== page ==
Biking in Edmonton might not be the first things that comes to mind on a visit to Alberta’s capital city. But it’s one of the best ways to get a sense of the city – and to discover gems that you don’t always appreciate from the seat of a moving car. Explore over 150 kilometres of Edmonton River Valley trails that take you both east and west away from the downtown.
Biking in Edmonton can use up a whole day if you’ll let it. And honestly, if you can afford the time I’d recommend it as the Edmonton Valley River Trails are truly first-class.
Renting a bike in Edmonton
You can rent a bike from River Valley Adventure centrally located just below the Shaw Conference Centre beside the North Saskatchewan River.
Not only do they have everything you’ll need including helmets, locks, water and snacks (delicious baked goods!), they have loads of suggestions on where to bike depending on what kind of experience you’re after. Don’t forget to ask for a free detailed map.
Use a guide if you want to get a local’s perspective
As an alternative to exploring on your own, you can use the guiding service of Chris Tse (@ChrisTse_ on Twitter) And you’re going to want to – even if you’re like me and you rarely engage a guide.
Chris is a total delight. Well spoken (he has a weekly radio column on CBC in Edmonton) and passionate about Edmonton, he knows the bike trails like the back of his hand – and as a photographer he also knows where to get the best shots.
I followed him around for almost three hours getting both a workout (he sure knows how to sniff out the hills) and a great sense of the city. I covered a lot more ground with Chris than I ever would on my own as I never had to stop, pull out a map and figure out where in the world I was.
Edmonton’s River Valley is the longest and largest stretch of urban parkland in North America
At 22 times the size of Central Park, the Edmonton River Valley is able to provide over 150 kilometres of mixed-use trails. Trails can be found on both sides of the North Saskatchewan River and as Chris Tse points out “they provide accessibility east and west contiguous through all of Edmonton.”
Over the course of the afternoon we explored the trails on both sides of the river from the Shaw Conference Centre down to Fort Edmonton Park and back.
Where you’ll find one of the best views of the Edmonton skyline
Our first stop was at the Muttart Conservatory where Chris likes to take people to enjoy one of the best views of the city skyline – from the roof. The photographer in you may want to spend a lot of time here, checking out various angles but there’s a lot more of the city to discover.
Then we found trails through some city parks that made you feel a million miles away from a big city. For adventurous bikers, there’s some single track to discover.
In Queen Elizabeth Park we had to get off our bikes to check out the 100 plus baby Canada geese. They were still at the cute stage, though not for much longer.
Biking to the Valley Zoo
Then it was off to the Valley Zoo – primarily so I could see the great café that is accessible without paying for an entrance ticket. Local cyclists take note!
Check out the Buena Vista – Hawrelak Park Footbridge on a bike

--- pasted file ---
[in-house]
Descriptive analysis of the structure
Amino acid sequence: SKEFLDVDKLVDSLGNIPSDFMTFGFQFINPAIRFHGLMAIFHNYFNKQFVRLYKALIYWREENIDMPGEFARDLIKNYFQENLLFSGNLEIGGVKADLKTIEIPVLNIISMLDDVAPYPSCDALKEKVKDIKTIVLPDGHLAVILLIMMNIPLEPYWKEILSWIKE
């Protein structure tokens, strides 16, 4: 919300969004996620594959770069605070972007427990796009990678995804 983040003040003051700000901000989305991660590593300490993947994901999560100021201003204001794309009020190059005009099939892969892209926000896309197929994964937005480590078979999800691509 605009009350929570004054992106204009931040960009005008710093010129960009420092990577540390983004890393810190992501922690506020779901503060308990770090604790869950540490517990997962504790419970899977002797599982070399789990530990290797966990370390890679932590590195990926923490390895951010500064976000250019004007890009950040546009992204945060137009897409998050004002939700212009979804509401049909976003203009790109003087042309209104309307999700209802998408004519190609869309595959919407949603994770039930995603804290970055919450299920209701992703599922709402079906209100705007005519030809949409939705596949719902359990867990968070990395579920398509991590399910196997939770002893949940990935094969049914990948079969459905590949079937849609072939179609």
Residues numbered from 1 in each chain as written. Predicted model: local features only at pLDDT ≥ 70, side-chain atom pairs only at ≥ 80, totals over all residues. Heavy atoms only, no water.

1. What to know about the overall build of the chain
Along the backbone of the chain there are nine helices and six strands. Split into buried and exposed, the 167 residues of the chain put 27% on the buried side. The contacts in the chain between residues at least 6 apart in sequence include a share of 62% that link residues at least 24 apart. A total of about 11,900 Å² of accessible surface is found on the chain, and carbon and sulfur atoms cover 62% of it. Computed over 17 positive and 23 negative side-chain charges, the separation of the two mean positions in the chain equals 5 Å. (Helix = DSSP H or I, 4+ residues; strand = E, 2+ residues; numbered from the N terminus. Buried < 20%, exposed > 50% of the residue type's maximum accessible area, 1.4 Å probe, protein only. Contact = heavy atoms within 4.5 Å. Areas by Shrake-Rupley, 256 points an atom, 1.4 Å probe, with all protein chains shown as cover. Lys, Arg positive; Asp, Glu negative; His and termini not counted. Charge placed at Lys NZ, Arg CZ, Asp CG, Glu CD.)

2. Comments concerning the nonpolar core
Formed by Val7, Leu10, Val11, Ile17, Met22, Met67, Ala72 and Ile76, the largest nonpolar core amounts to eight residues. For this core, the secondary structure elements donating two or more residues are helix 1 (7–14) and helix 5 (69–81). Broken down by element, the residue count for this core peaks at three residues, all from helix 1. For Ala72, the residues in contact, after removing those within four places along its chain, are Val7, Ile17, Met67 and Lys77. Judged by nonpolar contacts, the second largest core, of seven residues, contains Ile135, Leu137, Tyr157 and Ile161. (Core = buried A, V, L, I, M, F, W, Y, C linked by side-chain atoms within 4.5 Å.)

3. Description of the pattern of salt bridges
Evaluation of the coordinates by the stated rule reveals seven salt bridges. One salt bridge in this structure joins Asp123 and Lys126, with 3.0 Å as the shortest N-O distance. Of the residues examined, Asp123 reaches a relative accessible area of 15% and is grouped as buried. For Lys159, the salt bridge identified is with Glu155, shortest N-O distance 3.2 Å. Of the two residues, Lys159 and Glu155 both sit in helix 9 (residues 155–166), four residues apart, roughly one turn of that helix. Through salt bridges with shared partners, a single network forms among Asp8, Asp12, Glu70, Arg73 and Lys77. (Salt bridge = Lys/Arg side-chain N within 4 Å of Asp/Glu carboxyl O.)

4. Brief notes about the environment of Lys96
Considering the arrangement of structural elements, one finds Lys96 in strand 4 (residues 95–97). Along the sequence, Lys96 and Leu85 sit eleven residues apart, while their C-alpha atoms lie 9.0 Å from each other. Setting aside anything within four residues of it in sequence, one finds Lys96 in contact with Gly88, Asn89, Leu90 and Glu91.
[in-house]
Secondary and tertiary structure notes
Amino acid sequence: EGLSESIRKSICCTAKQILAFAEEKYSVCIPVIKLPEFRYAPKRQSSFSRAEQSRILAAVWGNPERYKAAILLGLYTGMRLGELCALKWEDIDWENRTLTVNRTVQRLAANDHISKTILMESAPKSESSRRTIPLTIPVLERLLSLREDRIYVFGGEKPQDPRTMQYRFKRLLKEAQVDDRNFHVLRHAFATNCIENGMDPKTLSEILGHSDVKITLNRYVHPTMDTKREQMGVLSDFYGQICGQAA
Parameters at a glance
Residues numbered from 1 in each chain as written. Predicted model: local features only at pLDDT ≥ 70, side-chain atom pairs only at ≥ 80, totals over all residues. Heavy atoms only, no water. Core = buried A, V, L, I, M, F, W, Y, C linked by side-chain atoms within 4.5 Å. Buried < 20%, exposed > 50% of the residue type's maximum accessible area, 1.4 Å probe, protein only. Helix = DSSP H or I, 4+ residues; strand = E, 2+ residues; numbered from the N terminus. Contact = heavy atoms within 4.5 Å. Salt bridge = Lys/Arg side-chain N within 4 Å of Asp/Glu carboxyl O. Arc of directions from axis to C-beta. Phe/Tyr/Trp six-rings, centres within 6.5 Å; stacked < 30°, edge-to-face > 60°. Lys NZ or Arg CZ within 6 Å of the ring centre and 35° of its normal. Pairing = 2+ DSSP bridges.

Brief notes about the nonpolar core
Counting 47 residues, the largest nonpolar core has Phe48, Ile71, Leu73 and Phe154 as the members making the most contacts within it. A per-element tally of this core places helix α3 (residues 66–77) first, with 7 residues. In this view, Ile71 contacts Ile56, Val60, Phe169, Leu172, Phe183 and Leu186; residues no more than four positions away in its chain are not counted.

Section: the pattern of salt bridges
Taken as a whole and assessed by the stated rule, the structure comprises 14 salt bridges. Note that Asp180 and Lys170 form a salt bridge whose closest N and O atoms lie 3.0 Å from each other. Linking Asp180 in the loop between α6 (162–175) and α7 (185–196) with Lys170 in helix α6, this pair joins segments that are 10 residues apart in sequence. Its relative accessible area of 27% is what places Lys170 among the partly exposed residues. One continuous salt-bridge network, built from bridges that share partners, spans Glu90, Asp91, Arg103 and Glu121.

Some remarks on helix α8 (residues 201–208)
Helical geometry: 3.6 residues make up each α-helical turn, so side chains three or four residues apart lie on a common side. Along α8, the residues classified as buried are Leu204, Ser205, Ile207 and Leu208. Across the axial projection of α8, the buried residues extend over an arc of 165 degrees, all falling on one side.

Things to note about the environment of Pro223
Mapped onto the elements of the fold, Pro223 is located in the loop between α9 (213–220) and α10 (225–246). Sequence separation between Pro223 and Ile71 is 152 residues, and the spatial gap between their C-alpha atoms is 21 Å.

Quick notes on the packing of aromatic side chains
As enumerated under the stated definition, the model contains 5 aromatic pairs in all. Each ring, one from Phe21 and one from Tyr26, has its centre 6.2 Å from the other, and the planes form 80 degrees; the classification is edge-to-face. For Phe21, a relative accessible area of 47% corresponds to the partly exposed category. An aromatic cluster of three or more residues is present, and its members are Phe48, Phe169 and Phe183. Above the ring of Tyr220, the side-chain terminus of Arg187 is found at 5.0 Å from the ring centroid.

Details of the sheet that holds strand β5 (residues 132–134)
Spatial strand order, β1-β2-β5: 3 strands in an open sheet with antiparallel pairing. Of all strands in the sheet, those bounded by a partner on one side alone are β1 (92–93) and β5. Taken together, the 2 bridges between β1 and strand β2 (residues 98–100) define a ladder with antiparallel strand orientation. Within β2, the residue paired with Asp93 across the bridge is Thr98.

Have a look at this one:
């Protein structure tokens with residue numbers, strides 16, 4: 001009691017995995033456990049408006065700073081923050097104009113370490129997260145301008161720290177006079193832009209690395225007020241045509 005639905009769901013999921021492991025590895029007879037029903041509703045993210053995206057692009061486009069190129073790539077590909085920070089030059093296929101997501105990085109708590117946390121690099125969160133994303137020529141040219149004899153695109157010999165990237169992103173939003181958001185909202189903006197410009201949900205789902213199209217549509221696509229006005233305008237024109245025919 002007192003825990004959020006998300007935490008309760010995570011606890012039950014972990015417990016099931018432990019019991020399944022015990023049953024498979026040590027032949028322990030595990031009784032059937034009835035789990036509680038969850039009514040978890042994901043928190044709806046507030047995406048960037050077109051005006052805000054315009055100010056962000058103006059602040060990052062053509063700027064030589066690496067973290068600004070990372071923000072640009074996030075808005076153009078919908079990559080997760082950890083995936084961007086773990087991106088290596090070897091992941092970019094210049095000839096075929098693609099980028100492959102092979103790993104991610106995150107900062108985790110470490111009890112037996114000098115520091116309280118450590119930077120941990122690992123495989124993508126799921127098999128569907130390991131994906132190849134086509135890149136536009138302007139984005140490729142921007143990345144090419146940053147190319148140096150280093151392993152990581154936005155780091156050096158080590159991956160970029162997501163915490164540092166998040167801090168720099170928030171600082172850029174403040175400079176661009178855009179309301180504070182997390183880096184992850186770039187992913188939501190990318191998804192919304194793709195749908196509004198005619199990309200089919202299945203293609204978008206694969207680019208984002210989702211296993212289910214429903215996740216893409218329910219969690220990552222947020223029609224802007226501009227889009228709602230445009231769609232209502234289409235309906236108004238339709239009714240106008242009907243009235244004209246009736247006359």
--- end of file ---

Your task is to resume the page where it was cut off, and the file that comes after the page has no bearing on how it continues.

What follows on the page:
We made a quick detour to visit the Buena Vista – Hawrelak Park Footbridge. Both walkers and cyclists might want to take a break here as you get a stellar view of the North Saskatchewan River in a natural setting.
A stop at the Talus Dome
Next was a stop at the Talus Dome. It’s a big pile of approximately 1,000 silver balls located beside the Quesnell Bridge just up from the North Saskatchewan River. Feelings run high about this piece of art with a $600,000 price tag.
According to the Edmonton Journal, the artists, Benjamin Ball and Gaston Nogues imagined it “to refer to the kind of construction you might see along the freeway in Alberta, or a pile of sugar beets, or a natural accumulation of gravel or sand.” I think you’ll have to decide for yourself what it represents.
Biking in Edmonton across the High Level Bridge
On the return, with a storm threatening we made a quick spin around the Alberta Legislature Building and took in the view of the High Level Bridge from Victoria Park before bee-lining it back to the start of our ride.
On another trip to Edmonton I biked the High Level Bridge across the North Saskatchewan River from the Strathcona neighbourhood to end at the Alberta Legislature Building. The bridge is a well-used pedestrian and bike-friendly link in the city.
Unfortunately, the fountains weren’t working on this visit but they are normally a soothing attraction in the city centre.
If biking in Edmonton isn’t your thing
Not crazy about biking? Rent a Segway from River Valley Adventure instead and discover the trails on a 30, 60 or 90-minute tour. You won’t see as much as I did but you’ll get a great taste of Edmonton’s fantastic trail system.
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Where to stay in Edmonton
If you’re visiting Edmonton, especially if you’re staying at one of the downtown hotels like the Fairmont Hotel MacDonald, just a stone’s throw away, you’ll probably find that a bike ride combined with a dose of nature is a fantastic way to get rid of any cobwebs left over from traveling.